Gold climbed to $1,710 an ounce on Tuesday buoyed by news of a Japanese round of quantitative easing and a weaker dollar.
Japan's move to flood market with cheap money follows similar measures in Europe and the US Fed's third round of QE which kicked off in September.
The good fortune of the yellow metal seems increasingly tied to monetary policy in the US – easy money adds to gold's allure as an inflation hedge and storer of wealth amid currency depreciation.
Rallies in the metal has been most striking under democratic presidents – when gold set a record in 1980 of $850 (some $2,400 in today's dollars) it was under Jimmy Carter and of course Barack Obama was in the White House when gold hit a record above $1,900 last year.
If gold can stay at current levels it would be the 12th year in a row that gold has shown annual gains, but if Republican challenger Mitt Romney should win the US presidential election he could stop the metal dead in its tracks reports the Financial Times (sub required):
But the real “Romney risk” for the yellow metal has nothing to do with fiscal policy. Instead, traders and investors are focusing on the likelihood that if Mr Romney wins the November 6 election, he would replace Ben Bernanke with a more hawkish chairman of the Federal Reserve when the latter’s term expires in January 2014.
If that means a change in direction from the Fed’s current experimental and super-accommodative monetary policy, gold could suffer. Recall the sharp sell-offs earlier this year when expectations of quantitative easing were deferred.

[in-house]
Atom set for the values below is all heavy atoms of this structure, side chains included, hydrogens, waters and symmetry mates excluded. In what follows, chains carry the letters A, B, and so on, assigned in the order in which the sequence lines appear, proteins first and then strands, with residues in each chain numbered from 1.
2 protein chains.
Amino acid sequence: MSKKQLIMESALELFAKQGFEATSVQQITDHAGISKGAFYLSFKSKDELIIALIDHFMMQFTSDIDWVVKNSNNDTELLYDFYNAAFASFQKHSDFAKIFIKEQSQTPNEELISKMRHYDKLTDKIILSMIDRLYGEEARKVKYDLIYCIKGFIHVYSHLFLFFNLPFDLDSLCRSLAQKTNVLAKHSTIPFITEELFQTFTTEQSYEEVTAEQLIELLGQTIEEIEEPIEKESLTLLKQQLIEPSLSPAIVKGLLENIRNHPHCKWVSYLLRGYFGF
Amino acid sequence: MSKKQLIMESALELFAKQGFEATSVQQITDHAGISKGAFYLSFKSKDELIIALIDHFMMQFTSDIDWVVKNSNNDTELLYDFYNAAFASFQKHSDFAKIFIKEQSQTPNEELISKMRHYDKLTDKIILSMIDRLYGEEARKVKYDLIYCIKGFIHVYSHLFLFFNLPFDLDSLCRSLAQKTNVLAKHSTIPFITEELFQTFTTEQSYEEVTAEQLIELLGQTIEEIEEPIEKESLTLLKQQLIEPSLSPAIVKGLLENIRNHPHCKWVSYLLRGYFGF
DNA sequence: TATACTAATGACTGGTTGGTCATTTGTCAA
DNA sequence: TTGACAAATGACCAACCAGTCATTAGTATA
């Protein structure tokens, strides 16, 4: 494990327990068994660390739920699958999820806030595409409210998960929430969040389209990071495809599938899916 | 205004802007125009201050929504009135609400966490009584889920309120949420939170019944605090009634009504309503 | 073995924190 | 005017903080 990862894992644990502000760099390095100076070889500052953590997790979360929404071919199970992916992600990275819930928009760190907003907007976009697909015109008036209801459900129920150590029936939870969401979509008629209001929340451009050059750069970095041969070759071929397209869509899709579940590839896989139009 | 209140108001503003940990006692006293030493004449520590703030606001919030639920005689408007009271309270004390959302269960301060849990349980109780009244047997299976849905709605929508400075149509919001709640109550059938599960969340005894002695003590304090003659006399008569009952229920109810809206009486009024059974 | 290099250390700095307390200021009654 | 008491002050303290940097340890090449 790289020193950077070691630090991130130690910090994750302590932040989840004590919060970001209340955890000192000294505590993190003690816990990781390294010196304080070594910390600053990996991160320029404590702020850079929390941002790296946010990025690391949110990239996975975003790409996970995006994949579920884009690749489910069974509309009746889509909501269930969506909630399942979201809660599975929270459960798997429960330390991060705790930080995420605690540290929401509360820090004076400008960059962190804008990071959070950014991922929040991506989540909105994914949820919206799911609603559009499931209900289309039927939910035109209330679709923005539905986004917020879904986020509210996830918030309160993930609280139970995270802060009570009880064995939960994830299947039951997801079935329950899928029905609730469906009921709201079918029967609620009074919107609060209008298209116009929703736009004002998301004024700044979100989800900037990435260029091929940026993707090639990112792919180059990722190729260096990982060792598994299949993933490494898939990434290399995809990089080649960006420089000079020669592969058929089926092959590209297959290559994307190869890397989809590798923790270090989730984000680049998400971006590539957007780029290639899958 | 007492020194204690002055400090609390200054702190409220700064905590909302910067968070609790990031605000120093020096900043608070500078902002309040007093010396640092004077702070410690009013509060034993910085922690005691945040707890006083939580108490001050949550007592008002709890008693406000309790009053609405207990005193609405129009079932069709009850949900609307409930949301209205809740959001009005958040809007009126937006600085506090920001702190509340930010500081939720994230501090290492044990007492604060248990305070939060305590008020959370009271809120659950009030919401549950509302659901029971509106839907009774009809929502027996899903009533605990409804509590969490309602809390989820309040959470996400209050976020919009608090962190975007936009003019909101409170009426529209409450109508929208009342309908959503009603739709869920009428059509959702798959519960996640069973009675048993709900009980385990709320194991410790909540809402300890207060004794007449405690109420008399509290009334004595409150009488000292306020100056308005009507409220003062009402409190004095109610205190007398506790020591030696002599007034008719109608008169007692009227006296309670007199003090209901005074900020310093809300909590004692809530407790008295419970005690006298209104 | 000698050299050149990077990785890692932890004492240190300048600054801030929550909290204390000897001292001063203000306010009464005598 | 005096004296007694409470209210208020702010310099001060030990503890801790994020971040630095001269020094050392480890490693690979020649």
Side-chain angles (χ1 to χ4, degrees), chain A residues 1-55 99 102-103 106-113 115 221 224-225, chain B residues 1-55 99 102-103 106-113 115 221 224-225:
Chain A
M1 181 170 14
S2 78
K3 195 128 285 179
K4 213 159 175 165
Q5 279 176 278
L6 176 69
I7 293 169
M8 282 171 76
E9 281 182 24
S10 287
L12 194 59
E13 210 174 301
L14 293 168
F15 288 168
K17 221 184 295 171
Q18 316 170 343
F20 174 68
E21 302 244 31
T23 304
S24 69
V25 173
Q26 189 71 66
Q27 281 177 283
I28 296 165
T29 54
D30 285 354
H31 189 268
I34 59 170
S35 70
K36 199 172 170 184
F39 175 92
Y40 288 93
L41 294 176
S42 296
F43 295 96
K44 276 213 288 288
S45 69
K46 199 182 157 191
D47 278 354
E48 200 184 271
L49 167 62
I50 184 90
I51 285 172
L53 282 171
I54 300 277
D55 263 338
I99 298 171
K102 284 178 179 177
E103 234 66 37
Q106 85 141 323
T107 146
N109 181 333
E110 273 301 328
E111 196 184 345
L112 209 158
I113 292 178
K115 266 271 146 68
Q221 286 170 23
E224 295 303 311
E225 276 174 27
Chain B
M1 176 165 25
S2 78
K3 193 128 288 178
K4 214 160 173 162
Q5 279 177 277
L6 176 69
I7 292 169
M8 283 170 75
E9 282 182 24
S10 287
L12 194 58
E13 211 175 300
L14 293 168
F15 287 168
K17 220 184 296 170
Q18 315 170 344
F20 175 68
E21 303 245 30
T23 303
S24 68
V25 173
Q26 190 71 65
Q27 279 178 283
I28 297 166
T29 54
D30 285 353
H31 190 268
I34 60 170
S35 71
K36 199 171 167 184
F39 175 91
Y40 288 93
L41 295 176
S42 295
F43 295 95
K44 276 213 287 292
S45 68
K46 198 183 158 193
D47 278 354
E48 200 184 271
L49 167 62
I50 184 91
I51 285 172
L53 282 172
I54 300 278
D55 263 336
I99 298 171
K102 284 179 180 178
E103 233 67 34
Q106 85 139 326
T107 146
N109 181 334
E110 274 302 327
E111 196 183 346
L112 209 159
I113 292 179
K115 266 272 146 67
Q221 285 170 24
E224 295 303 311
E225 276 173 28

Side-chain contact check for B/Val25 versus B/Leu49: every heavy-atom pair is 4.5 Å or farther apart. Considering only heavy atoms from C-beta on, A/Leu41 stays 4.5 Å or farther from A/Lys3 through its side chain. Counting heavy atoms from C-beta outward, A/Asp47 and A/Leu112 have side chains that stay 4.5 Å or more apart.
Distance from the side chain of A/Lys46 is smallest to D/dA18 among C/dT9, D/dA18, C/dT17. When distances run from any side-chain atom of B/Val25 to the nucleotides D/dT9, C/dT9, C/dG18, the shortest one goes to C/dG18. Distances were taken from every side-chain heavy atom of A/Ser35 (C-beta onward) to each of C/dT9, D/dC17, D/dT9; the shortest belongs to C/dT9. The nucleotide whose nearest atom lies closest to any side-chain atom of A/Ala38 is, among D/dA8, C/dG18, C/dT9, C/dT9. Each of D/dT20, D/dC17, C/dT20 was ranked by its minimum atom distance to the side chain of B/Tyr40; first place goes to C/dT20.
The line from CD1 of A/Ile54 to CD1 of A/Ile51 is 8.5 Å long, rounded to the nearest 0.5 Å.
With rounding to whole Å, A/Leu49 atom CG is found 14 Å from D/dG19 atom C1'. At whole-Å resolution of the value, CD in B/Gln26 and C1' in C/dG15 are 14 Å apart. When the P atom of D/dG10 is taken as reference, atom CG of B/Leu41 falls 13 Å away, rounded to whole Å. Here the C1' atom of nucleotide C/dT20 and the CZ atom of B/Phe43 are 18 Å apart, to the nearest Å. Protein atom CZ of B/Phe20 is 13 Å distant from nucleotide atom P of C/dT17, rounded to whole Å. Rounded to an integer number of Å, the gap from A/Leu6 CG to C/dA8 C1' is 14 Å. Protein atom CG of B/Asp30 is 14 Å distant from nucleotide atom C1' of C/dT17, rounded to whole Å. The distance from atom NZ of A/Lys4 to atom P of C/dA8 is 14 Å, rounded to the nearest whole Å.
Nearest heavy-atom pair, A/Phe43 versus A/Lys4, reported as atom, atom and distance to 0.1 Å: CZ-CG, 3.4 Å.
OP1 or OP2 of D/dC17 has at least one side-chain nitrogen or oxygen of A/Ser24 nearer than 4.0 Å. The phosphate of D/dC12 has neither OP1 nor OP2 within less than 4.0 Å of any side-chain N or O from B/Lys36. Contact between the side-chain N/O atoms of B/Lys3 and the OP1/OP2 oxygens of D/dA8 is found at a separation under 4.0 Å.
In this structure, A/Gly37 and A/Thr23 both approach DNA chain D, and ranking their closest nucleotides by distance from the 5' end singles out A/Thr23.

“From the gold market point of view, the Fed is the significant thing,” says one major hedge fund investor in the yellow metal.
Likewise, an Obama victory may be the green flag gold bulls have been waiting for.
The Fed's QE programs and ultra-easy policies have been a massive boon for gold.
The Fed's near-zero interest rate policy and bond purchases under QE1 kicked off on 16 December 2008. On 15 December 2008 an ounce of gold cost $837.50.
That's a more than 111% improvement for the precious metal on the back of QE1 and QE2 which followed in August 2010.
Another of the Fed's programs to keep interest rates low, Operation Twist, which started in September 2011 has also boosted the price of gold.
The gold price has taken a few hard knocks from 2011's record levels and the spikes downward have all been thanks to actions or pronouncements by chairman Ben Bernanke and the Fed.
At the same time volatility in the gold price has increased dramatically.
At the start of April for instance gold dropped some $60 an ounce in a single session when Fed minutes appeared to indicate QE3 was off the table and its policy of zero interest rates may be coming to an end sooner than previously thought.
The same thing happened on June 7 when gold dropped $50 to under $1,600 an ounce in a couple of hours after Bernanke delivered "anti-climactic" testimony to the US Congress.
That was not the first time traders got cold feet after breaking an important psychological level.
A similar pattern was followed in the days after the metal reached a record high above $1,900 an ounce in August 2011. The yellow metal slid for two days after hitting the record, losing $105 or 5.6% in value in a single day.
In 2011 trading in gold was the most volatile since 1980 with the gap between the year’s highs and lows coming in at close to $600 an ounce or a 32% range.
In 1980 the spread was even greater at more than 40% and followed the 21 January 1980 record of $850 a ounce set after a spike in oil prices following the Iranian revolution and Russia's invasion of Afghanistan.
At the time gold also fell precipitously after setting the record – within two days it fell back to under $700 starting a bear market that lasted almost three decades.
Gold breached $850 again at the start of 2008, but in inflation adjusted terms the 1980 price is still the highest ever – gold would have to hit some $2,400 an ounce to set a record in today's money.
Image from Mitt Romney Media.